Shay's also a grandson of one of those soldiers who served in the 26th.
Seicheprey wasn't a total victory, he said. The Germans would briefly push American troops back. They would take nearly 200 prisoners. And 81 troops — all from Connecticut — were killed.
Shay said the American commander in Europe, Gen. John J. Pershing, would accuse the 26th Division commander, Clarence Edwards, of not being prepared.
"Pershing was just livid," Shay said. "He blamed Edwards for not being alert, and putting too many men on the front line, which was just absolutely wrong."
The 26th would spend most of its deployment time on the front lines. From that early battle at Seicheprey, to Belleau Wood (where Sgt. Murray was injured), to the Saint Mihiel Offensive — which began the morning after another New England favorite, the Red Sox, won the 1918 World Series.
The 26th and others involved in the attack would catch the Germans in a retreat, and take 15,000 German prisoners.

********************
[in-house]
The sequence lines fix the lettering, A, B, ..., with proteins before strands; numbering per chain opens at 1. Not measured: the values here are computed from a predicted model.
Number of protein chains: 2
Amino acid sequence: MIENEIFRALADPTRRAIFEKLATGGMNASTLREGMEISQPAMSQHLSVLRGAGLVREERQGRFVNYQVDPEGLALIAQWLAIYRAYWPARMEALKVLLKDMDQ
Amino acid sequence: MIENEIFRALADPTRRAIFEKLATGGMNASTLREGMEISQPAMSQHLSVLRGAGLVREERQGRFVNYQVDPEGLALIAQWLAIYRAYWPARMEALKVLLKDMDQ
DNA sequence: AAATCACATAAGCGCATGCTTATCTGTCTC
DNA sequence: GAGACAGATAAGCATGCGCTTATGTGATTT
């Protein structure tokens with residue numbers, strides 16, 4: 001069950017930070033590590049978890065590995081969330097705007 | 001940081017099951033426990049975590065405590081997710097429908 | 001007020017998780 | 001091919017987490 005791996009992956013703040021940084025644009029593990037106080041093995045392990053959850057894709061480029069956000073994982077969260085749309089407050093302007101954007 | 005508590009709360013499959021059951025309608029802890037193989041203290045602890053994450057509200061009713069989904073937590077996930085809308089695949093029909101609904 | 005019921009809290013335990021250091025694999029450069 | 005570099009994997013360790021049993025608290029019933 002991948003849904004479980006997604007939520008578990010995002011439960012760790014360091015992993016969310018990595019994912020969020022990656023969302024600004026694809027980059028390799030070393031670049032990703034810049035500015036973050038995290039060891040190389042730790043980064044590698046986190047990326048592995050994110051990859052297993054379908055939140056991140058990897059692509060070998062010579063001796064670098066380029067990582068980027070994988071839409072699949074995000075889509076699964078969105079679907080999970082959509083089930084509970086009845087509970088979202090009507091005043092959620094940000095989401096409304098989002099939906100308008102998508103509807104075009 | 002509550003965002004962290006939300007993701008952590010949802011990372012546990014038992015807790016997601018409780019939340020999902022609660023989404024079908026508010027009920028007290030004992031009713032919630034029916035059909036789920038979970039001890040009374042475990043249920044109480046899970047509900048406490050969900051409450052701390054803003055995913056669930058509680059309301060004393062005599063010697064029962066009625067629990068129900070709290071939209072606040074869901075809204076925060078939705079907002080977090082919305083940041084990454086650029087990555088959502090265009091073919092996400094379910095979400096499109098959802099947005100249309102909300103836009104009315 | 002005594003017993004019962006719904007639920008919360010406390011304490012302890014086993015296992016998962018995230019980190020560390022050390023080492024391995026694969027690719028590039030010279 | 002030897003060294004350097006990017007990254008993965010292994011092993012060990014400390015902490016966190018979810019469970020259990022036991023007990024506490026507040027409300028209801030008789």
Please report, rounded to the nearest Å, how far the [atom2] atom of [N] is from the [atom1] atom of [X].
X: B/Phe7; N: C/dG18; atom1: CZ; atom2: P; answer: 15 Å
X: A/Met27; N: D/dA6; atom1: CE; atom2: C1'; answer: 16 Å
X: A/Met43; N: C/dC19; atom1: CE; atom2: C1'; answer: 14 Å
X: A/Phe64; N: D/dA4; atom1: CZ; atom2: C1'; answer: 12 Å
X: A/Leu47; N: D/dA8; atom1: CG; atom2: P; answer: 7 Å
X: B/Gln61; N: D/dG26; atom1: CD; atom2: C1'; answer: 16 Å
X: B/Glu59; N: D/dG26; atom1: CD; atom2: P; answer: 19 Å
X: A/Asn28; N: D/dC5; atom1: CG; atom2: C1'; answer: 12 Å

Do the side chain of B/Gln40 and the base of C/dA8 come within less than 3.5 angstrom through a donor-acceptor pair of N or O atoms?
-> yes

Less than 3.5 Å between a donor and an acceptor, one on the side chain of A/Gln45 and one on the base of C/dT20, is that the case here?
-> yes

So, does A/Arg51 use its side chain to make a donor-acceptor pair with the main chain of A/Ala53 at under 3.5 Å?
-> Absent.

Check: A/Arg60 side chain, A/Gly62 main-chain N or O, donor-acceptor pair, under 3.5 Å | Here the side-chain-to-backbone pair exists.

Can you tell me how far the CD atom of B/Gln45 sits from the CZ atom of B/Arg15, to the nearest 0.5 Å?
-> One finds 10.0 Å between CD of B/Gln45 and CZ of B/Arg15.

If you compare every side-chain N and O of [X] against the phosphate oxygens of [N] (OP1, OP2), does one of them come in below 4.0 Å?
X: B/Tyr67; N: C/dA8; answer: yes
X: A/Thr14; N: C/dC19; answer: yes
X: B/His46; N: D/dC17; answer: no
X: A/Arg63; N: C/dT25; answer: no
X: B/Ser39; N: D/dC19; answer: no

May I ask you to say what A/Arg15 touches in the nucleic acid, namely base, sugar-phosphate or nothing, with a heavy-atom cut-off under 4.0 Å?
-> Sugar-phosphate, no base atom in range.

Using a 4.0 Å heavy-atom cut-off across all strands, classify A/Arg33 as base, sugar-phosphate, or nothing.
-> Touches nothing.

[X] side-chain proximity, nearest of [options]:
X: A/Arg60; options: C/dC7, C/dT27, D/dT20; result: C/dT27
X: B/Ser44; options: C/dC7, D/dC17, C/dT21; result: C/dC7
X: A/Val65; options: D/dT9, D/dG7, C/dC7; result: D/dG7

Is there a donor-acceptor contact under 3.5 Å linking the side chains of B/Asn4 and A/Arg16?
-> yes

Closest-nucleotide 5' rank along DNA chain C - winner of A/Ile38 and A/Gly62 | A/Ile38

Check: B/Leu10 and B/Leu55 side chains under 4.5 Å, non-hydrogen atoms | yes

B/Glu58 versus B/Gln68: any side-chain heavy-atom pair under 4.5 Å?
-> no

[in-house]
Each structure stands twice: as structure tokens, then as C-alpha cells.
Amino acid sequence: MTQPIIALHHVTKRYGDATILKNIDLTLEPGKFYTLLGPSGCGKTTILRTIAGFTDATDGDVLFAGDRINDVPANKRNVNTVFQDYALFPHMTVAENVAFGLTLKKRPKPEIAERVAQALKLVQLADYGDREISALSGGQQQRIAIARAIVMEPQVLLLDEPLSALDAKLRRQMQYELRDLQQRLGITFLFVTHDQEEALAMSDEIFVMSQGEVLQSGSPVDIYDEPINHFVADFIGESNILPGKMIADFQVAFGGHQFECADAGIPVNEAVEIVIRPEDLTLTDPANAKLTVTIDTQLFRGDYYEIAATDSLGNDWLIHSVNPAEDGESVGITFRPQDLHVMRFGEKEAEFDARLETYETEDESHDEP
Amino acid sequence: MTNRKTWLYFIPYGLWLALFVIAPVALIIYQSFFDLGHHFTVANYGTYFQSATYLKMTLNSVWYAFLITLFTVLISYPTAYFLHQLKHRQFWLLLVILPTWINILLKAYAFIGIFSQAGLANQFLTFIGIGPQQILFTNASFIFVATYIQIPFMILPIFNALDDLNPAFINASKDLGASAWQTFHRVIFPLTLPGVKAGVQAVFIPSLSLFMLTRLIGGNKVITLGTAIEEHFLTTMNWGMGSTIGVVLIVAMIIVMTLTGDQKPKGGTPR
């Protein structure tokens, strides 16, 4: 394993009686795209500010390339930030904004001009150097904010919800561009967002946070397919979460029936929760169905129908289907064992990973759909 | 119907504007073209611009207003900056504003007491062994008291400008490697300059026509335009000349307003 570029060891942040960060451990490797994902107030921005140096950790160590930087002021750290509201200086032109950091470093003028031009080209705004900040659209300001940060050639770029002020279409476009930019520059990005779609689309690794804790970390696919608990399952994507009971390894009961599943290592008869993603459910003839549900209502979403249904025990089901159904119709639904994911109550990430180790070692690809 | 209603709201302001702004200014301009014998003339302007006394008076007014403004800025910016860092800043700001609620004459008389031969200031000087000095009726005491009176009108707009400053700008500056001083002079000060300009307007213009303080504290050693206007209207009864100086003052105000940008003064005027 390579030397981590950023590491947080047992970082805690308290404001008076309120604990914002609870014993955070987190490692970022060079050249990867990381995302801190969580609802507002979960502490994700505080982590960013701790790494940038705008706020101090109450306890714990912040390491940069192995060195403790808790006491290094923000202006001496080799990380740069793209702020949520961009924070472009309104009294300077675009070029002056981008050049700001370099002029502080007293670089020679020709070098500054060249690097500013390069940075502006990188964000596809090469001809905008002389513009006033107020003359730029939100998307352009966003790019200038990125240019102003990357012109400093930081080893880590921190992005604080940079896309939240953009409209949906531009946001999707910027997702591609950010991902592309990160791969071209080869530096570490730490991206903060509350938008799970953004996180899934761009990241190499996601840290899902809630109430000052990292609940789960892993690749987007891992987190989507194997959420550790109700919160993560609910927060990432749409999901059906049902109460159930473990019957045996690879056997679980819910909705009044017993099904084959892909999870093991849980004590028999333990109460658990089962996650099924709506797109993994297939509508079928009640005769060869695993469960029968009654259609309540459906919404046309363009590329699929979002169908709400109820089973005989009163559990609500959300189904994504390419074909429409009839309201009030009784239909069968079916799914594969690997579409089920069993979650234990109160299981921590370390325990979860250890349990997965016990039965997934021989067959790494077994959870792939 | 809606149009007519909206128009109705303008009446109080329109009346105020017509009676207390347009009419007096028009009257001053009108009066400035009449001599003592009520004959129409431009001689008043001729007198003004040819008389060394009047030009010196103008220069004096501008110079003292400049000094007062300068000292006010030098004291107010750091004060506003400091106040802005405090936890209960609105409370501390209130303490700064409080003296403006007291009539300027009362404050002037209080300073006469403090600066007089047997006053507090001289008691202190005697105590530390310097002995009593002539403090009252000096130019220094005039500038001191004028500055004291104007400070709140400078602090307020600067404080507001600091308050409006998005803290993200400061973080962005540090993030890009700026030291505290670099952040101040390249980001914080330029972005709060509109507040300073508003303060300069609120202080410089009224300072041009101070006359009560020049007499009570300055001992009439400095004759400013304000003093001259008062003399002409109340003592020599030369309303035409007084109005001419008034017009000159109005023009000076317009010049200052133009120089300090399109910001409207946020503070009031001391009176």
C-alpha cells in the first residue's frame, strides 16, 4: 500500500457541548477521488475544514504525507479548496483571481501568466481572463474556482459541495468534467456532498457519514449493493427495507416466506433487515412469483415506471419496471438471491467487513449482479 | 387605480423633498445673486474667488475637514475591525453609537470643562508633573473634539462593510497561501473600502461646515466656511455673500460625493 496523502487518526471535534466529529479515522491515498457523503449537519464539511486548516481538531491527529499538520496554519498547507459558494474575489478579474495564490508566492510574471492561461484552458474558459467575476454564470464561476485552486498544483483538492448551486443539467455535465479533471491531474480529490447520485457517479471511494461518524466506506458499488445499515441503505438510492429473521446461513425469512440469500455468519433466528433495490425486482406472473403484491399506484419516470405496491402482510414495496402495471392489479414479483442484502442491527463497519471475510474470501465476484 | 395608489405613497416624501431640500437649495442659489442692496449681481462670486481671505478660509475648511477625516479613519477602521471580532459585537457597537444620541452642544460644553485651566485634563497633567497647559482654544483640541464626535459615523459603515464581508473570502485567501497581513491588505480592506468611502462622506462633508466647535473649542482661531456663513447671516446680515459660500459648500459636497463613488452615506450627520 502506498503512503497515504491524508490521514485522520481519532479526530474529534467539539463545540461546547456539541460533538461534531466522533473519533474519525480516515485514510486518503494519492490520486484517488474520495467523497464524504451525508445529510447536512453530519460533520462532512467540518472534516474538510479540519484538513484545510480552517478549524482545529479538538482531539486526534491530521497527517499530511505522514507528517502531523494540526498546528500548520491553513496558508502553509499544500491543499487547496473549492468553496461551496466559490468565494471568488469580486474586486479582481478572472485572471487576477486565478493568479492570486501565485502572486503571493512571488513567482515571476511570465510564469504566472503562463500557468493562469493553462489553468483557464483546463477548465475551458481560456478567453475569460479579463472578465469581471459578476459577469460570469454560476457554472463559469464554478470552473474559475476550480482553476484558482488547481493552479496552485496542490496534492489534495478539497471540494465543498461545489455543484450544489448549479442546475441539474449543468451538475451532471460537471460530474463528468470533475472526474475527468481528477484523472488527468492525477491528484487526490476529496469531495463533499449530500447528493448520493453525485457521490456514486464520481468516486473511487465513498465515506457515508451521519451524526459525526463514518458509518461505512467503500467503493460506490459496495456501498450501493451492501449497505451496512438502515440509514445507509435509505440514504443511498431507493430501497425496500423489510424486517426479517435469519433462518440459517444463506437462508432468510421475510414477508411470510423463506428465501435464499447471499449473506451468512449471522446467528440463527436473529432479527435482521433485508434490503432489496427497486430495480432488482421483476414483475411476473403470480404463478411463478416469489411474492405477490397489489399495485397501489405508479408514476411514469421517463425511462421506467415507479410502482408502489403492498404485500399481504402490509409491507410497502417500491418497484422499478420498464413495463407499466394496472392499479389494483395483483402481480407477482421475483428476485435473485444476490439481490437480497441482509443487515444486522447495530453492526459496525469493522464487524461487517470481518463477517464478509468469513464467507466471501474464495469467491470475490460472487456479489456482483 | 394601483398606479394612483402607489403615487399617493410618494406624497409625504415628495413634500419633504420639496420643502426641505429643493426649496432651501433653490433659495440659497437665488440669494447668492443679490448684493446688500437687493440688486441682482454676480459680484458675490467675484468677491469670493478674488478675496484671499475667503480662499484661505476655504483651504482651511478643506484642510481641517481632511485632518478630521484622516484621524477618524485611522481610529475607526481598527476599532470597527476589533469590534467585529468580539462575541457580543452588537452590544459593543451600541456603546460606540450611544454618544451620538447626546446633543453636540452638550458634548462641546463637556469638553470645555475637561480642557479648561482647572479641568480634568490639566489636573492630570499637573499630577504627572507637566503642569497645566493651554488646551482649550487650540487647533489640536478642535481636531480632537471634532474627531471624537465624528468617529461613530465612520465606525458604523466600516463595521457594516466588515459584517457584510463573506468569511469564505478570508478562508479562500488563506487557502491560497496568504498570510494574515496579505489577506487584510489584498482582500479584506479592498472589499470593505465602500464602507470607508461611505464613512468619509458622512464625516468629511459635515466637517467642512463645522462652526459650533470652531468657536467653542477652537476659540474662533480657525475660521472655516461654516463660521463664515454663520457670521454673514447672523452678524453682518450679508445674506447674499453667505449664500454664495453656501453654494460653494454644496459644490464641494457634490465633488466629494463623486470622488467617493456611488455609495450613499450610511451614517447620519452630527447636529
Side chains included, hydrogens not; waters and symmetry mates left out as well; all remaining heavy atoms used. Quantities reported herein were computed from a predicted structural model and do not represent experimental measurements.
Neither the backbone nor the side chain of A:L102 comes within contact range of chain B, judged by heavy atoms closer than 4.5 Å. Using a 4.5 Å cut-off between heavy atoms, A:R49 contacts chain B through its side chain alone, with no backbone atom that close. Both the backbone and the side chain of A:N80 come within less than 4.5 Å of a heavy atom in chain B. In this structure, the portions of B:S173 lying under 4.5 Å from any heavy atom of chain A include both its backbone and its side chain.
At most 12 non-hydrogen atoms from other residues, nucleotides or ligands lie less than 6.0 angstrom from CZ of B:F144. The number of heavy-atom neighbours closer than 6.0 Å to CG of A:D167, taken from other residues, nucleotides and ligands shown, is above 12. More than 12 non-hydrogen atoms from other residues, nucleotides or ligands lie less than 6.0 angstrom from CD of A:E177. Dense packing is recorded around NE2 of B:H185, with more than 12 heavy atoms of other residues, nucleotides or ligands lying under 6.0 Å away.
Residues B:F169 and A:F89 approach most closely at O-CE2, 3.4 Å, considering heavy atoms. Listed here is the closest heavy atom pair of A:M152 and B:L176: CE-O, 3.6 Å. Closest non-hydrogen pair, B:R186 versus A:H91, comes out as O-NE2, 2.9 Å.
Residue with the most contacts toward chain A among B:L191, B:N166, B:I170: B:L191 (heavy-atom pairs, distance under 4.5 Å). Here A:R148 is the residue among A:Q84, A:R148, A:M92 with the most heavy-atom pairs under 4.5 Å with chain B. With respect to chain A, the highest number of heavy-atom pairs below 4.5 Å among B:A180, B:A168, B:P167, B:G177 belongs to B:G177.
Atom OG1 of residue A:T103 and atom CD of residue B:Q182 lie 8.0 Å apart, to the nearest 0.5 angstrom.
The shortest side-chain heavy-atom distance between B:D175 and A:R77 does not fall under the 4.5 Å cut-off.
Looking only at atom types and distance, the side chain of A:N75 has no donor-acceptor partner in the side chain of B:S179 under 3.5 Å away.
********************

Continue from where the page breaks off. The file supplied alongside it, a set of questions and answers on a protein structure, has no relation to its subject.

But Shay said the division would take a secondary role in the final offensive: the Meuse Argonne, which began about two weeks later. Still, Shay says that doesn't mean they didn't take casualties.
"They had companies that were reduced to 50 men," he said. "I mean, this is something that started out at 250 men. They had battalions that probably would've had hundreds of men in them and they were reduced to just mere shells."
Back home, as odd as it may sound, the Yankees were beloved in New England. But they wouldn't be the region's only contribution to the war effort.
Anatole Sykley is a member of the World War 1 Historical Society and the Organization of American Historians. He says the Charlestown Navy Yard — then known as the Boston Navy Yard — outfitted nearly every ship headed out to sea to fight in the new, 20th-century manner.